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How to help our children learn about consequences

What happens when you pay your electricity bill late? – you get one reminder, and then a late fee is applied if you still don’t comply.

What happens when you bring your wife a bunch of flowers? – she shows gratitude to you!

What happens when you don’t prop the ladder correctly before climbing up? – it wobbles, putting you in danger.

All of these are consequences of our actions. As adults we know what the consequences are, and we choose to comply, or not comply, knowing there will be consequences.

These are important life skills for our children to develop:

  • the understanding that all actions have consequences – either positive or not,
  • and that we have a choice as to what action we choose to take.

How do we help our children learn about consequences?

 

It’s always done in a respectful manner. The purpose is to show what happens when they do’ xyz’.

 

Picture this scenario: The young child is attempting to pour milk from the container into a cup. You suggested that she might hold the cup to steady it, but she chose not to. It spills everywhere. Rather than ranting about the mess, you might say: ’Oh-oh, the milk spilt. What do we need to do now?’ – ie allow the child to work out that a clean up is necessary, AND, allow them to help in cleaning it up – even if you know they won’t do it as well as you! It’s part of their learning journey – to learn that if I don’t hold the cup, it’s hard to pour, and that if I make a mess, then I have to clean it up. This is never done as ‘punishment’, and doesn’t involve any yelling – it’s done as a logical consequence – spilt liquids need to be cleaned up!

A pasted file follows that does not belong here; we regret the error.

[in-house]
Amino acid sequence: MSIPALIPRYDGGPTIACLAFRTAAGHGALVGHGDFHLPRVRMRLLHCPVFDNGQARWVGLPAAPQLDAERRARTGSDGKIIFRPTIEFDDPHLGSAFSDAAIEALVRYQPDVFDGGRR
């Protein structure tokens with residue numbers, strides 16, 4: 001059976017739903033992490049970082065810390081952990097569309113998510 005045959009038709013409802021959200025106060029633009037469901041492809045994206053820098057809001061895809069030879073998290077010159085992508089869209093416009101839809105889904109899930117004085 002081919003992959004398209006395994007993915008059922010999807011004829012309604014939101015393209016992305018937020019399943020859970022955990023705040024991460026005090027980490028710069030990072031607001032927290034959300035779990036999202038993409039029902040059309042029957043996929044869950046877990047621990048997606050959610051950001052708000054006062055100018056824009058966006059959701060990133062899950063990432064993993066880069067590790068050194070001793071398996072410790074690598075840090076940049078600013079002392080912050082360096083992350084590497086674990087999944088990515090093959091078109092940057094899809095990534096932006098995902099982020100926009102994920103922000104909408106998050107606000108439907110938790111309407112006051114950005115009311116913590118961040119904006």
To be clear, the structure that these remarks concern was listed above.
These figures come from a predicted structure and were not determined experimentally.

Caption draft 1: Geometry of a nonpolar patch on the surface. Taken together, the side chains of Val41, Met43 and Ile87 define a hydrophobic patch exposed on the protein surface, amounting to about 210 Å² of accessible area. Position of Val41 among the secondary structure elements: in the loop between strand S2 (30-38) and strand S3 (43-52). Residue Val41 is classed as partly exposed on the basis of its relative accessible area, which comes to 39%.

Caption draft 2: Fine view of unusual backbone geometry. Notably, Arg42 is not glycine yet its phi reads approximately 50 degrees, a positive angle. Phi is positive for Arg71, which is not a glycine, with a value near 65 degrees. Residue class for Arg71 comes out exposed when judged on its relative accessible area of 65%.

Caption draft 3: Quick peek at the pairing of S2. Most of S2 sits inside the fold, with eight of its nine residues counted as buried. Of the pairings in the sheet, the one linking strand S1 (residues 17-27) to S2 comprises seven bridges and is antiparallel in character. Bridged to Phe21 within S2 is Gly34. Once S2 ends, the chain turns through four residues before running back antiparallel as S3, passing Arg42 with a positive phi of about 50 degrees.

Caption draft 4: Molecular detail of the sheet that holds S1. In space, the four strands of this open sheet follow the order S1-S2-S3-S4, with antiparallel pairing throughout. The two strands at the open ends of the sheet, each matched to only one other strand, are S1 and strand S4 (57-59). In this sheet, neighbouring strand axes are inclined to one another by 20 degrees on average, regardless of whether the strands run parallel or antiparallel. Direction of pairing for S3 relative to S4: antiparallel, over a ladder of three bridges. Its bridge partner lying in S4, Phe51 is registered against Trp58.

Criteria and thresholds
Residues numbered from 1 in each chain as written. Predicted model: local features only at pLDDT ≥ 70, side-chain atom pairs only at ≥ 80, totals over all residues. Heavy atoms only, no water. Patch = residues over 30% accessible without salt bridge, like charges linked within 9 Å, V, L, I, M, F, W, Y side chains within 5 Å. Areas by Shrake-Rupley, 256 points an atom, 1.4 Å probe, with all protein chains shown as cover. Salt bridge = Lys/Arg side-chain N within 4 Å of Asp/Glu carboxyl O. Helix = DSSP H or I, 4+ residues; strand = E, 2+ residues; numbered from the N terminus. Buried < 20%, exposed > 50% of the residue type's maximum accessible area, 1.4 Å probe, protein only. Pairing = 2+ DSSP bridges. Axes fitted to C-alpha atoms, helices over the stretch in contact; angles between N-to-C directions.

Another example: The toddler is throwing blocks around and you ask them to stop, and they don’t. A logical consequence is to put the blocks away and say: ‘We don’t throw blocks, so Mummy’s going to put them away.’ This is usually when a young child will now throw a tantrum, or 4yo+ will ‘promise’ to not throw them again. If this is a new rule (we don’t throw blocks) then give them a second chance. If they do know the rule, then it’s important that parents follow through with the stated consequences. Children need to learn to trust their parents and to trust that the words they say are true. So, if you say you will put the blocks away, then you must! When this action is repeated often, children learn to trust that they can rely on you to do as you say (regardless of whether they like it or not). Eventually they will learn to either not throw the blocks, or to know that you will them be removing them.

 

What sometimes happens is that parents cave in to the ensuing tantrum or begging. However if you do, then you are actually telling the child that your word is not true… that you will change your mind if they whinge – and that’s not something we want to encourage in our children.

 

I remember a time when my children and were notoriously bad at leaving their dirty clothes on the floor, or next to the washbasket in the bathroom. After much frustration, I announced that I would only be washing clothes IN the basket, and nothing else. Nothing changed re the mess. But, a few days later my 6 y.o. yelled that he didn’t have any clean undies for school. Rather than giving a lecture about where dirty clothes should go, or rescuing him in any way, I simply said: ‘Oh no, what will you do?’ He definitely wasn’t happy, and I don’t know whether he chose to wear yesterdays ones, or none, but, the clothes were in the basket thereafter!

 

It was hard for me to let go of my natural Mummy desire to rescue him and to sort out the problem for him, and to instead let him learn about consequences – not always easy for the parent or child, but vitally important!

 

Happy Consequential Parenting

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